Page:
Thursday, October 13, 2011

The Lesson That Wasn't

I woke up bright and early this morning, energized for the first step in "fixing" Pilgrim. I got myself ready and the kids off to school. After arriving back at home I made Chuck and I a healthy breakfast and grabbed my coffee....out the door we went. At the farm I fed the cat, double checked the trailer for all the essentials....yes I had sufficiently over packed! I wrapped Pilgrim's legs and walked him into the trailer. He loaded like a dream. For once I was proud of him! I hooked up the trailer tie and closed up the escape door. Chuck had hooked up the butt bar and started closing the ramp up.......then it went downhill. I missed part of it as I was on the side of the trailer, but Chuck said when I went out and closed the emergency door Pilgrim started trying to back out. Once he realized that he was stuck he completely panicked, reared and sat down throwing himself backwards. Don't ask me how, but he managed to go under the butt bar and come out the trailer. My trailer tie release with the pressure, thank goodness.

Needless to say he was hesitant to re-load and when he did he would scramble right back out. Pilgrim has trailered plenty before, but not in this trailer. I have loaded him in this trailer but not closed him up and hauled him. I jinxed myself by telling the trainer the one thing he does manage to do WELL was trailer! Arrggghhh! Long story and day very shortened, I had to cancel (well postpone) my lesson. She has graciously offered to come to me, which I am taking her up on until I can get the trailering sorted out. We worked for over 3 hours relentlessly today until he would quietly stand in the trailer again and not run backwards back out. Of course to top it all off, it was raining the whole time! I'm still not sure how I'm going to convince him he needs to be  in there alone and I will not be riding with him to all our future functions. I have some ideas though. How I've always done trailer training is you work them outside of the trailer, ask them to load, let them rest in the trailer. Wash, rinse, repeat. (This has worked with EVERY horse I've dealt with including a mare who the owners took over 3 hours to load with the help of several trainers/owners at a show. 20 minutes with this process and the horse walked right in the trailer!) I'm not a big "floater" but I actually at the end today ended up teaching Pilgrim to float into the trailer instead of walking in with me. His problem is when I leave, so I figured if he learns to go in by himself and I never go in I may have better results. This did seem to work the best and I'll continue working on this and hopefully have it resolved relatively quickly and hopefully have my lesson rescheduled soon!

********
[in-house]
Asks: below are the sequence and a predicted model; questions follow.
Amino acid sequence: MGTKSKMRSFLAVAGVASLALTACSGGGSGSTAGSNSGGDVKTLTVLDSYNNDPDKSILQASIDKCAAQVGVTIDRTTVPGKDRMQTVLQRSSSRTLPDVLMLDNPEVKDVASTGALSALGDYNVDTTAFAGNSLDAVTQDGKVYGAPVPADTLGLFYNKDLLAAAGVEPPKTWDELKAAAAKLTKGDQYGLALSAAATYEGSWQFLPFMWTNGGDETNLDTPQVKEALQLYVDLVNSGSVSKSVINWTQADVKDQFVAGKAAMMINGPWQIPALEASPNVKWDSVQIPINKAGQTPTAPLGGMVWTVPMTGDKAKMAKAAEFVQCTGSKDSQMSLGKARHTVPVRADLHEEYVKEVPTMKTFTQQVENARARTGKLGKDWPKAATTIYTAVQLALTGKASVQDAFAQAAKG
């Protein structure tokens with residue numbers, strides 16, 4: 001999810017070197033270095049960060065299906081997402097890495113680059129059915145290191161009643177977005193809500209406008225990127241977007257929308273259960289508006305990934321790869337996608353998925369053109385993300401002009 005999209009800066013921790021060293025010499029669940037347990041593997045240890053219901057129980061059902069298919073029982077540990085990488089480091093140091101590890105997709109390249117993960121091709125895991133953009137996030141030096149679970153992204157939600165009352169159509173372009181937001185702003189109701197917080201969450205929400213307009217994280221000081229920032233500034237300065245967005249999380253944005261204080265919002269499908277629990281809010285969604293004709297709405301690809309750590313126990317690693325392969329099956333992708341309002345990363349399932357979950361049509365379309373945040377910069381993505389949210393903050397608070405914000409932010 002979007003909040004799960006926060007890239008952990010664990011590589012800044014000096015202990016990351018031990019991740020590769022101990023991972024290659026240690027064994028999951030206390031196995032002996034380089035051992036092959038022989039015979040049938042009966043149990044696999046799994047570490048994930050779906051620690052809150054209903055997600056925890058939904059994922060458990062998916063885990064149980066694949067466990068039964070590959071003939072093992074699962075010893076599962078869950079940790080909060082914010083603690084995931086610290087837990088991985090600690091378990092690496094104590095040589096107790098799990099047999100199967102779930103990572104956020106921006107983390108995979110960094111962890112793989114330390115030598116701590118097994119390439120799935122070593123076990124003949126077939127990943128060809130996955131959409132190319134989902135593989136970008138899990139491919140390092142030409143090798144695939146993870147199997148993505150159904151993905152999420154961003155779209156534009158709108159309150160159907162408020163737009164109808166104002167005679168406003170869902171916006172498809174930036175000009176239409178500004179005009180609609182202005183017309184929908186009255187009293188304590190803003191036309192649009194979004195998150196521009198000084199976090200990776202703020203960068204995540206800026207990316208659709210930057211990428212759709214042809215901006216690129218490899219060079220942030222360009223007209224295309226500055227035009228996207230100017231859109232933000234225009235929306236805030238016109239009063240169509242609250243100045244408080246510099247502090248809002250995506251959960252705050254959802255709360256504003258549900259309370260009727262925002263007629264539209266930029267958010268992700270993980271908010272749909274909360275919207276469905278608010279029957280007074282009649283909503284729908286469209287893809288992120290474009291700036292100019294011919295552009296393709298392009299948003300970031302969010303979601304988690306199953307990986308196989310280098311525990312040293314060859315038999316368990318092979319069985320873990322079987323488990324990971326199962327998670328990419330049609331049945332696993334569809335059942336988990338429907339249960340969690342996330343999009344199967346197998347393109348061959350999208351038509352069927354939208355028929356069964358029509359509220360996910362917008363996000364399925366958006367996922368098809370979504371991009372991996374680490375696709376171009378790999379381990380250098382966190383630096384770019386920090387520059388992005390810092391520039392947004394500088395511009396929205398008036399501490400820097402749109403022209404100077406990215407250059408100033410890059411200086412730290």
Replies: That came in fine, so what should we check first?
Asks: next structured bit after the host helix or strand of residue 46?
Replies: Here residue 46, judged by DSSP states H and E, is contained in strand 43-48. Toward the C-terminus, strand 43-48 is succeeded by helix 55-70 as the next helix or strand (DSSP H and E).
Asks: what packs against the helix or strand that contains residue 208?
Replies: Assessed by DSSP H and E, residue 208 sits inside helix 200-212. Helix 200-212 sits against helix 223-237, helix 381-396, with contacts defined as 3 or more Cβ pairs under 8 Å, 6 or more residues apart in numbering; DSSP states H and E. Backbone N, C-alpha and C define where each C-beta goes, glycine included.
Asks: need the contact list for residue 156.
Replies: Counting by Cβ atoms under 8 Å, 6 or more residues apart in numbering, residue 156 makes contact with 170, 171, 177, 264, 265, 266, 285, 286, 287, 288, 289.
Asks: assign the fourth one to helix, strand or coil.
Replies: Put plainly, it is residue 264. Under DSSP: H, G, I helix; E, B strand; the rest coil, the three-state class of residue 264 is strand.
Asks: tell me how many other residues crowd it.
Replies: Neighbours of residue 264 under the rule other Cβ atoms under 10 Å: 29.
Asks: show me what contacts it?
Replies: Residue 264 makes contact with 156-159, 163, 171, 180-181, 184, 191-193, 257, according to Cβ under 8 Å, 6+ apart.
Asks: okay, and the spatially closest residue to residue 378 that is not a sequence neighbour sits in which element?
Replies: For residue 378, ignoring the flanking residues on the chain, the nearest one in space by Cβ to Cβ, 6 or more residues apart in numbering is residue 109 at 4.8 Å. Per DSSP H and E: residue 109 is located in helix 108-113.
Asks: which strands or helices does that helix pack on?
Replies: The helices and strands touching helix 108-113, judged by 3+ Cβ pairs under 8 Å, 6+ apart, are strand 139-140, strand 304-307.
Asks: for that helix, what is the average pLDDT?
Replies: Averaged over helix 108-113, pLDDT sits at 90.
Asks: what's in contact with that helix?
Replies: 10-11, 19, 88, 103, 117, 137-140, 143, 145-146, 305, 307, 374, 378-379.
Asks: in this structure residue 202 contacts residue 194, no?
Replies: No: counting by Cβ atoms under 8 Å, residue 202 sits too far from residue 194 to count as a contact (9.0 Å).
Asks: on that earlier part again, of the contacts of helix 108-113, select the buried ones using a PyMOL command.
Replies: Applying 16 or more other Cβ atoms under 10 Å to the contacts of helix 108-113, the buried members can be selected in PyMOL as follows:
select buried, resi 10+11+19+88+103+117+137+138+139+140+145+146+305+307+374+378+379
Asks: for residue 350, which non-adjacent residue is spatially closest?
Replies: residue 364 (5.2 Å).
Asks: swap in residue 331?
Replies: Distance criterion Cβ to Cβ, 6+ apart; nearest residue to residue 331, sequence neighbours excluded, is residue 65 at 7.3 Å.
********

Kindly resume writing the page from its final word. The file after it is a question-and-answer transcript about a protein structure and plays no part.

Pilgrim trying to be the words of my husband.....deep, deep, DEEP down, real deep, under everything, Pilgrim  wants to be a good boy!

Somehow god was with us today....through everything, Sir Bubblewrap himself managed to NEVER get injured, not one piece of equipment was broken and my trailer is still safely in one piece. 

I also have to thank my husband, whom without I probably would have had some kind of psychotic nervous breakdown during this whole day. He was patient and helpful....working with Pilgrim over and over when I would get tired. I'm so glad he was there!


  1. A good husband is worth their weight in gold! :)

  2. You are so patient to spend hours to get Pilgrim to load properly but in the end it is very worth it. I had terrible problems to load my horse - he just didn't want to go in and every journey we had to add at least an hour for loading. But one day, I'm not sure why (and I'd like to think it's because he trusts me more now) he just walked straight on and has never hesitated since! Miracles do happen!
    Andrea (new follower)

  3. HammersArk - I totally agree! I got me a good one =)

    Andrea - Welcome, and thanks for following! I have to say, I have visited and now follow your blog and I am officially JEALOUS of your life. I am now going to live vicariously through you =)